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Breakdown of Vacation Inc's DTC Sunscreen Launch

Breakdown of Vacation Inc's DTC Sunscreen Launch

Stewart Hillhouse
Stewart Hillhouse

If you dabble in Direct To Consumer (DTC) Twitter at all, you would have do doubt seem a wave of 80's beach vacation inspired business cards flood your feed.

But beyond just sharing amusing job titles on "virtual interstate highway billboards" as they call them, this campaign has a few hidden marketing tactics hidden under the sun-kissed aesthetic.

What is Vacation Inc.?

Before we break down the campaign, I want to first explain how it came to be.

Vacation Inc. is the new business name for a website called (which is still operational).

Homepage of

On, you can stream relaxing lo-fi music, chat with others, or watch old car commercials featuring Steve Wozniak squeezing into a Datsun.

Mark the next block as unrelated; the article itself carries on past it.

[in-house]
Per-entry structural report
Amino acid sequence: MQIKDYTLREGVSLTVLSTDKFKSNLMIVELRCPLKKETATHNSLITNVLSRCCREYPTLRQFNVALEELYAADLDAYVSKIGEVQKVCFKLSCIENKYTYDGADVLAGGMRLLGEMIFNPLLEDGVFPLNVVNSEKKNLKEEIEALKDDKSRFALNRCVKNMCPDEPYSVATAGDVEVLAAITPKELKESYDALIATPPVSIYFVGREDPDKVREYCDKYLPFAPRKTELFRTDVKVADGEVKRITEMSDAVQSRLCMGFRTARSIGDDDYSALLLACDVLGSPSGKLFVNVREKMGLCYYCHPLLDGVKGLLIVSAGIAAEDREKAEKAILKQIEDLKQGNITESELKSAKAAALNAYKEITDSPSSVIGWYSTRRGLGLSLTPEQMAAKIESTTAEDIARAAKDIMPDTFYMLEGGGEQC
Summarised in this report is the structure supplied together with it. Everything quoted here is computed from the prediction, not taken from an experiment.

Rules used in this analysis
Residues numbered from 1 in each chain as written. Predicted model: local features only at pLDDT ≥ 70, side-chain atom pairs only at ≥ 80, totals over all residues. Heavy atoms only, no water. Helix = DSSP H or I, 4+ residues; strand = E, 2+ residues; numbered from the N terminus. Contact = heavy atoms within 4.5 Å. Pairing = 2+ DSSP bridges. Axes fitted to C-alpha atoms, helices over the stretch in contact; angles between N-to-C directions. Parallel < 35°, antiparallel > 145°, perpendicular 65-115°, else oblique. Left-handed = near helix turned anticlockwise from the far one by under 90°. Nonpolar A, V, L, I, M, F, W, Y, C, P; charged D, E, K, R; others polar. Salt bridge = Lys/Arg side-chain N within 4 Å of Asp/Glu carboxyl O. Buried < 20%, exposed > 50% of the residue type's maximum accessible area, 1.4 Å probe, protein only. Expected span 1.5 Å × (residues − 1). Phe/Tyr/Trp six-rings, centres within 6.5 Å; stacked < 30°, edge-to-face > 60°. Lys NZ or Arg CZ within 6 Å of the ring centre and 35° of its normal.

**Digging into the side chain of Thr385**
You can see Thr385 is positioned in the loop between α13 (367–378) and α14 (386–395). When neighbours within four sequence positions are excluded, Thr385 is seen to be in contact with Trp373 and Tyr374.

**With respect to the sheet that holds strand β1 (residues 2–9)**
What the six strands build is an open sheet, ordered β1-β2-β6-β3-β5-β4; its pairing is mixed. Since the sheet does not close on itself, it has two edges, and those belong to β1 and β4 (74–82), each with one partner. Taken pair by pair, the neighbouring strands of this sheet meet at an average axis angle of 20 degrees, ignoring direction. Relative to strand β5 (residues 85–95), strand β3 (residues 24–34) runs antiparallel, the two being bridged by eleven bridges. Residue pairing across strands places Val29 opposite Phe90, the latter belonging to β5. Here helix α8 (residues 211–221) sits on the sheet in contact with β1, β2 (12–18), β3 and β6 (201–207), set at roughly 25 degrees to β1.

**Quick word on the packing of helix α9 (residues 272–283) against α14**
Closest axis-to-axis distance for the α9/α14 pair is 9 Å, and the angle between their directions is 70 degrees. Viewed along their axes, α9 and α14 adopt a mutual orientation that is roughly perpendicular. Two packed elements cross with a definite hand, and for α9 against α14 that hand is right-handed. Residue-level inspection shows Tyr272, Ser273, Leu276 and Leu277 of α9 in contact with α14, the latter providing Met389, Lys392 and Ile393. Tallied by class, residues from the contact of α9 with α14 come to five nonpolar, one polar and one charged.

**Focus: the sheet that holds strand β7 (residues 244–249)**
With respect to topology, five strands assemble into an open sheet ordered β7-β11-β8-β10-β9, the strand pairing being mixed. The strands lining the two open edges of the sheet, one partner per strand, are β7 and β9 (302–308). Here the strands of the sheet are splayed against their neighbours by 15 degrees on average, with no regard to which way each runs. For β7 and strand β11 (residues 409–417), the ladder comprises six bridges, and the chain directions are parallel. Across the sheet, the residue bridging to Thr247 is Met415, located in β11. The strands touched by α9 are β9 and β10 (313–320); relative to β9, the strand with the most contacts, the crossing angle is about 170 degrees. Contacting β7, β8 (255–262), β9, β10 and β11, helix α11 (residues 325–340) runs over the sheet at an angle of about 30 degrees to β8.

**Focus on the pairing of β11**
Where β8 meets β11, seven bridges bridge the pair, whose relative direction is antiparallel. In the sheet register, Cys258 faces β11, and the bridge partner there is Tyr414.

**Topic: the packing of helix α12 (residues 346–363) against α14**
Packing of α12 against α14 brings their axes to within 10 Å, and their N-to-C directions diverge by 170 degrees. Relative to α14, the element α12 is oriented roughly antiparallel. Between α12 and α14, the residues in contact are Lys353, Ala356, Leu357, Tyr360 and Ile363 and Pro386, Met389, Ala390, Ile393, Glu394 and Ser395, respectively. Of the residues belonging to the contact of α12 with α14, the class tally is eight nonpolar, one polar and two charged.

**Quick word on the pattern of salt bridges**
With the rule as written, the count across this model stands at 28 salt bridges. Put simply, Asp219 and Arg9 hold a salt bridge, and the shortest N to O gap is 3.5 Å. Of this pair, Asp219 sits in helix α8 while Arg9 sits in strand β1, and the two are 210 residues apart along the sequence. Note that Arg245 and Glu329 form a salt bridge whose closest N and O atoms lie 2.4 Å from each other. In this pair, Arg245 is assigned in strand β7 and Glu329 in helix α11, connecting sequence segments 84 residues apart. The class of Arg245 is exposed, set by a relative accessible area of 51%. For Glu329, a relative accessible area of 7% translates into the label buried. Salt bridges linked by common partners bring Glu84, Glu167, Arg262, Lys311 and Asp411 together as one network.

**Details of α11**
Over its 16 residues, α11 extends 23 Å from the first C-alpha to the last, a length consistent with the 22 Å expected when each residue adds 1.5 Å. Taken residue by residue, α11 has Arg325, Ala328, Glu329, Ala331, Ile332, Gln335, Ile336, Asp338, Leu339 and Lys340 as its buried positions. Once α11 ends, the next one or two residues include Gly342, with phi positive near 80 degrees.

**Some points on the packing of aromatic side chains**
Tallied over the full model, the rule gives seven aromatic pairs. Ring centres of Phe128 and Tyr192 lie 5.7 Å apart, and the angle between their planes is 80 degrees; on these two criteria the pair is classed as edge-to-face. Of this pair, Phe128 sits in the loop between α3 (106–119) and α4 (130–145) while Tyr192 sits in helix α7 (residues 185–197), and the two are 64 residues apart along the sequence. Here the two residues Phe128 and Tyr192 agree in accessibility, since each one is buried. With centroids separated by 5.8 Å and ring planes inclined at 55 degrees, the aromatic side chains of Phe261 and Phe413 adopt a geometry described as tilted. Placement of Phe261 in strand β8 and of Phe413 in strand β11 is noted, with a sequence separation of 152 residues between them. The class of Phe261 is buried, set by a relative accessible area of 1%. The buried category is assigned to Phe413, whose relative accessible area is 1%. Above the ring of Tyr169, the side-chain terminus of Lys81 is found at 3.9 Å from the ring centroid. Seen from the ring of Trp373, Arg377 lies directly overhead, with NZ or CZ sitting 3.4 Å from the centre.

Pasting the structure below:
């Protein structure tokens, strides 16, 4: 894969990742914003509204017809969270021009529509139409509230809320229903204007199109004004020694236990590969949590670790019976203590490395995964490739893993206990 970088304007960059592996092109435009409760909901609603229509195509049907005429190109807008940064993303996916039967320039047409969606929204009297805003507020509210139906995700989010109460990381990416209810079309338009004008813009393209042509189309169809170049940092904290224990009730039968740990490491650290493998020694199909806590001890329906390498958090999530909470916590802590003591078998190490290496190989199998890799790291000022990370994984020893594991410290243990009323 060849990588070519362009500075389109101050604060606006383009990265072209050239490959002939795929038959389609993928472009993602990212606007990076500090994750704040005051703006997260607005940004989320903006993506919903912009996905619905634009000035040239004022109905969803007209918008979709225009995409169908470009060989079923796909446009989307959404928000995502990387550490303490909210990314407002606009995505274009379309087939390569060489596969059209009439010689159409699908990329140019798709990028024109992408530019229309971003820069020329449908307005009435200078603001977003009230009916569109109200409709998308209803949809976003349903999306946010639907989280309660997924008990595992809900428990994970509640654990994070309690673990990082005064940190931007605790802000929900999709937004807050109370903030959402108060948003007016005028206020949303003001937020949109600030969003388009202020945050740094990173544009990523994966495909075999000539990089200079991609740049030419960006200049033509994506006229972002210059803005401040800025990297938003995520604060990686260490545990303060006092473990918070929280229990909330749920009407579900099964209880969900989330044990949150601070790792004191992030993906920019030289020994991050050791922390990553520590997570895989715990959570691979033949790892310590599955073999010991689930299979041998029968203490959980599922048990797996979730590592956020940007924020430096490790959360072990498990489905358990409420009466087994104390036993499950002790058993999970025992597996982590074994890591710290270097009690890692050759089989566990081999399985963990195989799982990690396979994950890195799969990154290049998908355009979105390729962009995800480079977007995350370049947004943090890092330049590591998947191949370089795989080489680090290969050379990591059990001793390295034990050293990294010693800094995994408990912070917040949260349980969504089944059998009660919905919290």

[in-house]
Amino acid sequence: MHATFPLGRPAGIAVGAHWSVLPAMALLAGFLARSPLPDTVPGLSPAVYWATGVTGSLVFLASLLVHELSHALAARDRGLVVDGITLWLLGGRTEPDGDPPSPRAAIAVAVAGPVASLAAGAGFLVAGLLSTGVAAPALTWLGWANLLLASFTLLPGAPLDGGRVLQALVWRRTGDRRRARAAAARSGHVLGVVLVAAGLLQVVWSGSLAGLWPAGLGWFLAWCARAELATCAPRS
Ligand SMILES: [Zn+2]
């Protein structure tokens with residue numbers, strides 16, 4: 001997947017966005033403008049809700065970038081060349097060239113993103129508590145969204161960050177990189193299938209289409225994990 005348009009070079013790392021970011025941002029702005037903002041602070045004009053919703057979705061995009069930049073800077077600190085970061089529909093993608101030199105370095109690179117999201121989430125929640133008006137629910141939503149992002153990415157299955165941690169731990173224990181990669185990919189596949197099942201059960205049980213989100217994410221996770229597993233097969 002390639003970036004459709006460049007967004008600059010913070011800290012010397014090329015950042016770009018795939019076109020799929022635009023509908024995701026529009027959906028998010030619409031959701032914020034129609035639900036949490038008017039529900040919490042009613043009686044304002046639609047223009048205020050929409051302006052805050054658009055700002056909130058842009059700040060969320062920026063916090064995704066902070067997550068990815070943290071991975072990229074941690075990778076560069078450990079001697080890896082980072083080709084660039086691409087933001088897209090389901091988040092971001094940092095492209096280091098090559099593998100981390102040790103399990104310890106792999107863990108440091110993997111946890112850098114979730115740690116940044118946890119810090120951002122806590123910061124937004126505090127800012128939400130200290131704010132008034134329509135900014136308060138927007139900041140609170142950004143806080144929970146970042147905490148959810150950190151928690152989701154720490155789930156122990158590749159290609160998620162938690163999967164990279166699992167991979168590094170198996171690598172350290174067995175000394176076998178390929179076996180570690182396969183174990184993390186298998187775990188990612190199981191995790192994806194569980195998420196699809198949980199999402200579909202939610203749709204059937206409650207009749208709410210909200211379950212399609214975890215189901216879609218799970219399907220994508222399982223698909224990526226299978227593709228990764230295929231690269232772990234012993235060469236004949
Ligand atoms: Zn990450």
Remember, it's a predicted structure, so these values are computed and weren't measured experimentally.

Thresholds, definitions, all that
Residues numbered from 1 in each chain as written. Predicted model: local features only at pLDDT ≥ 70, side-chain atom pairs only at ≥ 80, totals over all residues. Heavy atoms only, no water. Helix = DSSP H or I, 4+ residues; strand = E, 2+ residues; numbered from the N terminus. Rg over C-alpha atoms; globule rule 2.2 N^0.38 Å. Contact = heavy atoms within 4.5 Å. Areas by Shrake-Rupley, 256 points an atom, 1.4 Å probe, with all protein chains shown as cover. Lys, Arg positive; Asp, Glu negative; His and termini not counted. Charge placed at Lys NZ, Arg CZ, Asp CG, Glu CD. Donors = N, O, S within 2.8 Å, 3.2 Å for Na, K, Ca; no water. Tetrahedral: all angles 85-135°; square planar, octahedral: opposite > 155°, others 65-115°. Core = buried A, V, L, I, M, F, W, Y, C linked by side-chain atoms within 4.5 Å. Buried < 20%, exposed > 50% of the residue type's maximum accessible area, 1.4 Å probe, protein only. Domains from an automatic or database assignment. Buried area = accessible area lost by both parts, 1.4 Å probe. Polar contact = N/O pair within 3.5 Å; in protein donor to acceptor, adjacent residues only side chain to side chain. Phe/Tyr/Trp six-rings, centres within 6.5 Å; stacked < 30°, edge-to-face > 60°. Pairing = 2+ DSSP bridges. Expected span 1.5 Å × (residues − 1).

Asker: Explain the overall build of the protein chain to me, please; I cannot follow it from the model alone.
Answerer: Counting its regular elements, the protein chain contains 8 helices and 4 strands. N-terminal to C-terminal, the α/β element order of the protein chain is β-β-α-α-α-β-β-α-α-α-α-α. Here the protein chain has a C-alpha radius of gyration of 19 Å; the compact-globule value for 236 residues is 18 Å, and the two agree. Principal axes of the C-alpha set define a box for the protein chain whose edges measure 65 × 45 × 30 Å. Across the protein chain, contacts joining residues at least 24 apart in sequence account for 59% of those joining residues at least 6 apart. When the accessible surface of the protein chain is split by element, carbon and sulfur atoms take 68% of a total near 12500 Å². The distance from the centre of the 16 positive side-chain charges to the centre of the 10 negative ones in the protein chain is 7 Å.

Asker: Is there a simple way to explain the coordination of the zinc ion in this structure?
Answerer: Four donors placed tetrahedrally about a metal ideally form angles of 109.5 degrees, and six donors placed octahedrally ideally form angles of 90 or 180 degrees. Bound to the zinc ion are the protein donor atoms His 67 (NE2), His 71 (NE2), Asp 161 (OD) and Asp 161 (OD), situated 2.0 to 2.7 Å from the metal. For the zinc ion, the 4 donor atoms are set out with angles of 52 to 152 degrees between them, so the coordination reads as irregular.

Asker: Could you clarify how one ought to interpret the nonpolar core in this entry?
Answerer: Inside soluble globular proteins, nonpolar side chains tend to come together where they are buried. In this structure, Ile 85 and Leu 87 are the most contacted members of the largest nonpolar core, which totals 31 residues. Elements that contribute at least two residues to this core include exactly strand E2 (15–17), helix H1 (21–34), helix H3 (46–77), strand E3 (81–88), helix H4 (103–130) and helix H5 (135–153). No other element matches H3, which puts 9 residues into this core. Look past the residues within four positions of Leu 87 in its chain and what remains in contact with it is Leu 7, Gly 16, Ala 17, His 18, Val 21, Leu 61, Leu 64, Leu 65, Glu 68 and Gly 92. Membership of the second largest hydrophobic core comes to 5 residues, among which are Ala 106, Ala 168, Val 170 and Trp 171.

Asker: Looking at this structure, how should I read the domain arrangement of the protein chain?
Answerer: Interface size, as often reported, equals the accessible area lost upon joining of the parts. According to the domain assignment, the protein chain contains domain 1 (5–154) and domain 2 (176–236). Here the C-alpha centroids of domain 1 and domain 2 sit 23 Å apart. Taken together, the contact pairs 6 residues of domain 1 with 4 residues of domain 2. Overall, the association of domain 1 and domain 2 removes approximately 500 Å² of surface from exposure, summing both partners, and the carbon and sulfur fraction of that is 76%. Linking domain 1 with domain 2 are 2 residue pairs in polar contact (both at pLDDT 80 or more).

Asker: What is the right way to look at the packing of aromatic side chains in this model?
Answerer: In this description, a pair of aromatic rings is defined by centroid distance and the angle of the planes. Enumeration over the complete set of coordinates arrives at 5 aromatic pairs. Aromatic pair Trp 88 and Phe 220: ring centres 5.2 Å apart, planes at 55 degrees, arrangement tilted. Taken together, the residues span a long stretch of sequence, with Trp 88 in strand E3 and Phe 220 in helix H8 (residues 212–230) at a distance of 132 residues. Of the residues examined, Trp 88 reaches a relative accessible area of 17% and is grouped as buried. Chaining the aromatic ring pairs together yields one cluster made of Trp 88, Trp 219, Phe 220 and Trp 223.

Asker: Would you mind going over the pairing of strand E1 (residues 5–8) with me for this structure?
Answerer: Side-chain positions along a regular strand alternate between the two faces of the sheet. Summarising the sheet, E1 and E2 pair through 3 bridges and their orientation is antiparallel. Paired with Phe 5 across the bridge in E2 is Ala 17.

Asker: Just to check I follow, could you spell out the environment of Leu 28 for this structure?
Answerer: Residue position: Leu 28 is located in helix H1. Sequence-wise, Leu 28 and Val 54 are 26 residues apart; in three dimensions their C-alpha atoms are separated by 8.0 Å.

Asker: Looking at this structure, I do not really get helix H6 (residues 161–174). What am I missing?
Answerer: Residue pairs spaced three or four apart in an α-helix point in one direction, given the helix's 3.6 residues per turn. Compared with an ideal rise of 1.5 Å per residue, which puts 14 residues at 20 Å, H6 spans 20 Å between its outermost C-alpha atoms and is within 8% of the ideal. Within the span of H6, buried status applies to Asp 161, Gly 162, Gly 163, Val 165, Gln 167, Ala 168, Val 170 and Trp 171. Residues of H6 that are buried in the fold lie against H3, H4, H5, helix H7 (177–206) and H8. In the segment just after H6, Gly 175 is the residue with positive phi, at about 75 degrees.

It's a strange combo of eras and lifestyles, but the curation works well together.

But why does exist? Here's what the official reasoning is:

I wish more "About" pages were like this

Like most other media curation websites and accounts, it's for the viewing pleasure of the user and the creator.

I first heard about in early 2020 when Covid lockdowns were still hardcore. The need for lighthearted content to soothe pandemic panic mixed with the viral nature of the website made spread quickly, gathering over 80,000 Instagram followers.

Why did launch a sunscreen brand?

This is an important question. Why did the creators @marty, @lachhall, and @dktgrn decide to turn a micro-media site into a DTC Sunscreen brand?

I don't have the exact answer, but I can speculate that a free-to-use website and Instagram page weren't exactly bringing in the cash necessary to break-even on the amount of effort and resources required to run them.

But media businesses launching products is nothing we haven't seen before. Countless YouTubers, podcasters, and online personalities have launched product businesses already.